Meeting News

Methamphetamine use by veterans with HF increased over past decade

Marin Nishimura

ANAHEIM, Calif. — The rate of patients with HF who are veterans and use methamphetamine has increased over a 10-year period, according to data presented at American Heart Association Scientific Sessions.

“Heart failure patients with methamphetamine abuse were younger, more likely to be homeless, unemployed and diagnosed with other substance abuse and psychiatric conditions,” Marin Nishimura, MD, internal medicine resident at University of California, San Diego, said in an interview with Cardiology Today. “We believe these differences, especially their substance abuse issues and psychiatric conditions, are important to take note because we can work to address these specific issues in the MethHF patients to better take care of them.”

Researchers analyzed data from 9,588 patients with HF who were treated at San Diego VA Medical Center from 2005 to 2015. Methamphetamine abuse was identified in 480 patients.

Clinical outcomes of interest included all-cause readmission, time to ED visit and all-cause mortality.

Methamphetamine use in patients with HF increased from 1.7% in 2005 to 8% in 2015. The average age for patients who used was 61 years and 72 years for those who did not use. Psychiatric issues including PTSD and depression were more common in patients who used methamphetamine compared with those who did not use it.

Patients who used methamphetamine had lower instances of CAD compared with those who did not use. Both groups had similar ejection fraction.

Those who used methamphetamine had an increased risk for ED visits (1.9 per year) vs. patients who did not use methamphetamine (0.95 per year; P = .01). All-cause hospital readmissions were also numerically higher in those who used methamphetamine (1.1 per year) compared with patients who did not use methamphetamine (0.7 per year; P = .19).

“We also saw that there are possibly two phenotypes of MethHF, namely methamphetamine-associated heart failure with preserved ejection fraction (MethpEF) and methamphetamine-associated heart failure with reduced ejection fraction (MethrEF),” Nishimura said. “There were similarities between these two disease phenotypes, but we saw that MethrEF patients had higher mortality compared to MethpEF. Because our preliminary study only identified 35 MethrEF and 71 MethpEF patients, we are looking into expanding our study size to further look into these two possible disease entities.” – by Darlene Dobkowski

Reference:

Nishimura M, et al. Presentation T3162. Presented at: American Heart Association Scientific Sessions; Nov. 11-15, 2017; Anaheim, California.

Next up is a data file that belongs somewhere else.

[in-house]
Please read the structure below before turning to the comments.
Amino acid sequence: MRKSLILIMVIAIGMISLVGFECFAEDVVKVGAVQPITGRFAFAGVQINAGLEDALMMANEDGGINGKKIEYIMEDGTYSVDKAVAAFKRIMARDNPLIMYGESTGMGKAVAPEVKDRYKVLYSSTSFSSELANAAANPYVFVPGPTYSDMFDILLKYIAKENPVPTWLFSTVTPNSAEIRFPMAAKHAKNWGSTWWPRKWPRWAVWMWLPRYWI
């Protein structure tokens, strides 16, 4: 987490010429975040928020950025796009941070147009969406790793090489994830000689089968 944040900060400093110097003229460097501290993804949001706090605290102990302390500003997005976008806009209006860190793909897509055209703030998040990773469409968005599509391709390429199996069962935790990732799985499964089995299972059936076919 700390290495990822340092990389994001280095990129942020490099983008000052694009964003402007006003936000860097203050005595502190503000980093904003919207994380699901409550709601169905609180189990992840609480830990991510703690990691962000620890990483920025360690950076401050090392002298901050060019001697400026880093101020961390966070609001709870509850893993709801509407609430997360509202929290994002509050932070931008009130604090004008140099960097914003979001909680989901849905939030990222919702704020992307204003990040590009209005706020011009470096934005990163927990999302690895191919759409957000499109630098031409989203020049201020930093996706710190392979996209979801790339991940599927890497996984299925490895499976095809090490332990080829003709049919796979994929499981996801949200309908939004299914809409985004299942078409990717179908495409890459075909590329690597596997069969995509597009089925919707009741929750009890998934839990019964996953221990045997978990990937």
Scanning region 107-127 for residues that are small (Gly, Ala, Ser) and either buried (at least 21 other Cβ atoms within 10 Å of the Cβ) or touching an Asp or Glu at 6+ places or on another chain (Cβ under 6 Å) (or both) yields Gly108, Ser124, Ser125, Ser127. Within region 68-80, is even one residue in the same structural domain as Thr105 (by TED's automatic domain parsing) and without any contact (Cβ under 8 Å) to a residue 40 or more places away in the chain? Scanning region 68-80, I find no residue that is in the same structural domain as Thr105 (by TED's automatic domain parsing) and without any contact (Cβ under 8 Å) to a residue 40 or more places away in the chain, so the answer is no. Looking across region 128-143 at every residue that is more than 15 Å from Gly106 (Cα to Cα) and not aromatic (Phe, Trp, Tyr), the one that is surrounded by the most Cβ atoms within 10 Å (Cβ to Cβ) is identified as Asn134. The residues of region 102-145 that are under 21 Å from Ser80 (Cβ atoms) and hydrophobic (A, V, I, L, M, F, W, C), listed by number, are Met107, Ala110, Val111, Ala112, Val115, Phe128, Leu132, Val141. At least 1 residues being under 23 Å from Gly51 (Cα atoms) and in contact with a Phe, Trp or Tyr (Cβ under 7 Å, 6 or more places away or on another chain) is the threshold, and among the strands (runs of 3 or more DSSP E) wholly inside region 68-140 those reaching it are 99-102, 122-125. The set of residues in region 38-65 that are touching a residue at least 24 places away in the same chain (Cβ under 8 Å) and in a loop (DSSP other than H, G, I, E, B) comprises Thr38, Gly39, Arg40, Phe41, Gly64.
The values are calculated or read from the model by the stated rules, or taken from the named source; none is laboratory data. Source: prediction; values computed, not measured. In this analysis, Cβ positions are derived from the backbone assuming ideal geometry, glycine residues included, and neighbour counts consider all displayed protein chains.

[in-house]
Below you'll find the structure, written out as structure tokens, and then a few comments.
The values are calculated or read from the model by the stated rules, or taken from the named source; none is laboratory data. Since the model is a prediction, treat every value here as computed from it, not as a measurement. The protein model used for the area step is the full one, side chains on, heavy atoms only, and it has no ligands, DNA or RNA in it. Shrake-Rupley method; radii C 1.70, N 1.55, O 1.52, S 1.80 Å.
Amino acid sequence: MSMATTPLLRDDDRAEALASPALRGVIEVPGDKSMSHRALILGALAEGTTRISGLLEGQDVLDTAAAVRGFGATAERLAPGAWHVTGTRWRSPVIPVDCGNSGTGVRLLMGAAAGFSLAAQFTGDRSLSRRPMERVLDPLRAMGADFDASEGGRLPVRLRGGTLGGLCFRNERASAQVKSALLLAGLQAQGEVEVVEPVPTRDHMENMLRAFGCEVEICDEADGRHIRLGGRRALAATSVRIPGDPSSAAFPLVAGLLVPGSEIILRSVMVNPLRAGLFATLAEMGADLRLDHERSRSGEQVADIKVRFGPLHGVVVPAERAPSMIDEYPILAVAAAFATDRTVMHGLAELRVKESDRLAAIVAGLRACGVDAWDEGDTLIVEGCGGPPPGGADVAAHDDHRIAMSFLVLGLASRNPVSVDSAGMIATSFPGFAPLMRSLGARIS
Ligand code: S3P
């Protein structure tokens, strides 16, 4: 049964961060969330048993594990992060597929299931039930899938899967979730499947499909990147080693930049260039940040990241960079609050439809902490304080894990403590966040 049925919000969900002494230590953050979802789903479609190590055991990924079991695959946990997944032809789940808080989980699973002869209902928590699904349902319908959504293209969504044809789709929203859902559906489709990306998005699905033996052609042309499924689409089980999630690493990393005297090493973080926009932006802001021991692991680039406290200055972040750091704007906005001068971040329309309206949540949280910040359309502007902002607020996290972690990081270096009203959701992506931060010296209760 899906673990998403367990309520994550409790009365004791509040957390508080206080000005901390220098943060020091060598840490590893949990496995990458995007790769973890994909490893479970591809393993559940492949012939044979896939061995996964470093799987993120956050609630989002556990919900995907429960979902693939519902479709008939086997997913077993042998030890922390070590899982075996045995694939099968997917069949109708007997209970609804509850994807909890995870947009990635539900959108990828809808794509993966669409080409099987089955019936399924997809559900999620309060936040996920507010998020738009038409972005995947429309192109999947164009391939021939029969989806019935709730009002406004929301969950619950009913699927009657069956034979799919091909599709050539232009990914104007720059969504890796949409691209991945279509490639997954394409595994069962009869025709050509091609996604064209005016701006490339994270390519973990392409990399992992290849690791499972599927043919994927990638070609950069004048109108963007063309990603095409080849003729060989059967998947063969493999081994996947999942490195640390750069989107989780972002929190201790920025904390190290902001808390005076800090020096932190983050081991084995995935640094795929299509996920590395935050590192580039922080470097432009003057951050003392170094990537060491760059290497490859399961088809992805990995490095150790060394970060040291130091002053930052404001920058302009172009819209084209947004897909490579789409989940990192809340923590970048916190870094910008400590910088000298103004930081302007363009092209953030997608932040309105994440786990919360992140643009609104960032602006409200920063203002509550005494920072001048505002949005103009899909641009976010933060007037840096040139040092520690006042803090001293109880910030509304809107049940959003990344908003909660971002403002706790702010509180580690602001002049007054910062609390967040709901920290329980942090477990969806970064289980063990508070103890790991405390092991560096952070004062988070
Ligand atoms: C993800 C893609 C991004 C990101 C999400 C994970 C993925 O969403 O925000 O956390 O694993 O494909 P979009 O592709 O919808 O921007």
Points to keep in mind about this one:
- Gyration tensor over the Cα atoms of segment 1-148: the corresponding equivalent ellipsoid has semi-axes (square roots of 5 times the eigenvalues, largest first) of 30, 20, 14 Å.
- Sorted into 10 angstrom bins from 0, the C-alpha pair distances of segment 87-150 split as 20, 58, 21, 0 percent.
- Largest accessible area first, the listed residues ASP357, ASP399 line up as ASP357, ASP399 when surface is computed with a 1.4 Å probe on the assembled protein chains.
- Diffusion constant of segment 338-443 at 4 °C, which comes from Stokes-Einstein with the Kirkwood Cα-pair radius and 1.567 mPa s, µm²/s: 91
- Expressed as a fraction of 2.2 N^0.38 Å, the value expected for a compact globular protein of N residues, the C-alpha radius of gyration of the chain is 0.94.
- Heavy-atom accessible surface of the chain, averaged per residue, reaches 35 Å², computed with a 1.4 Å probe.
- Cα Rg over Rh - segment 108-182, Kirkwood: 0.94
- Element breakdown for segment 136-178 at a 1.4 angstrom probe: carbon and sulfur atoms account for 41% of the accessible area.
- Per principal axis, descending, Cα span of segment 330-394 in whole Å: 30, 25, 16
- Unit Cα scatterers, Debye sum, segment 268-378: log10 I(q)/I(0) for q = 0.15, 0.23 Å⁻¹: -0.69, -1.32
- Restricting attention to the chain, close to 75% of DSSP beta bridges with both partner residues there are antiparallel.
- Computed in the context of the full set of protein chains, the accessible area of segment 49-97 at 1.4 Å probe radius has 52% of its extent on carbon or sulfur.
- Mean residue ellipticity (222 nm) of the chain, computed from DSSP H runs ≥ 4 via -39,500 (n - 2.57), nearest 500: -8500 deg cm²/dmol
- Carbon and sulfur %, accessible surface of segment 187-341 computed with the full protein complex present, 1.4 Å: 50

Disclosure: Nishimura reports no relevant financial disclosures.

Marin Nishimura

ANAHEIM, Calif. — The rate of patients with HF who are veterans and use methamphetamine has increased over a 10-year period, according to data presented at American Heart Association Scientific Sessions.

“Heart failure patients with methamphetamine abuse were younger, more likely to be homeless, unemployed and diagnosed with other substance abuse and psychiatric conditions,” Marin Nishimura, MD, internal medicine resident at University of California, San Diego, said in an interview with Cardiology Today. “We believe these differences, especially their substance abuse issues and psychiatric conditions, are important to take note because we can work to address these specific issues in the MethHF patients to better take care of them.”

Researchers analyzed data from 9,588 patients with HF who were treated at San Diego VA Medical Center from 2005 to 2015. Methamphetamine abuse was identified in 480 patients.

Clinical outcomes of interest included all-cause readmission, time to ED visit and all-cause mortality.

Methamphetamine use in patients with HF increased from 1.7% in 2005 to 8% in 2015. The average age for patients who used was 61 years and 72 years for those who did not use. Psychiatric issues including PTSD and depression were more common in patients who used methamphetamine compared with those who did not use it.

Patients who used methamphetamine had lower instances of CAD compared with those who did not use. Both groups had similar ejection fraction.

Those who used methamphetamine had an increased risk for ED visits (1.9 per year) vs. patients who did not use methamphetamine (0.95 per year; P = .01). All-cause hospital readmissions were also numerically higher in those who used methamphetamine (1.1 per year) compared with patients who did not use methamphetamine (0.7 per year; P = .19).

“We also saw that there are possibly two phenotypes of MethHF, namely methamphetamine-associated heart failure with preserved ejection fraction (MethpEF) and methamphetamine-associated heart failure with reduced ejection fraction (MethrEF),” Nishimura said. “There were similarities between these two disease phenotypes, but we saw that MethrEF patients had higher mortality compared to MethpEF. Because our preliminary study only identified 35 MethrEF and 71 MethpEF patients, we are looking into expanding our study size to further look into these two possible disease entities.” – by Darlene Dobkowski

Reference:

Nishimura M, et al. Presentation T3162. Presented at: American Heart Association Scientific Sessions; Nov. 11-15, 2017; Anaheim, California.

Disclosure: Nishimura reports no relevant financial disclosures.

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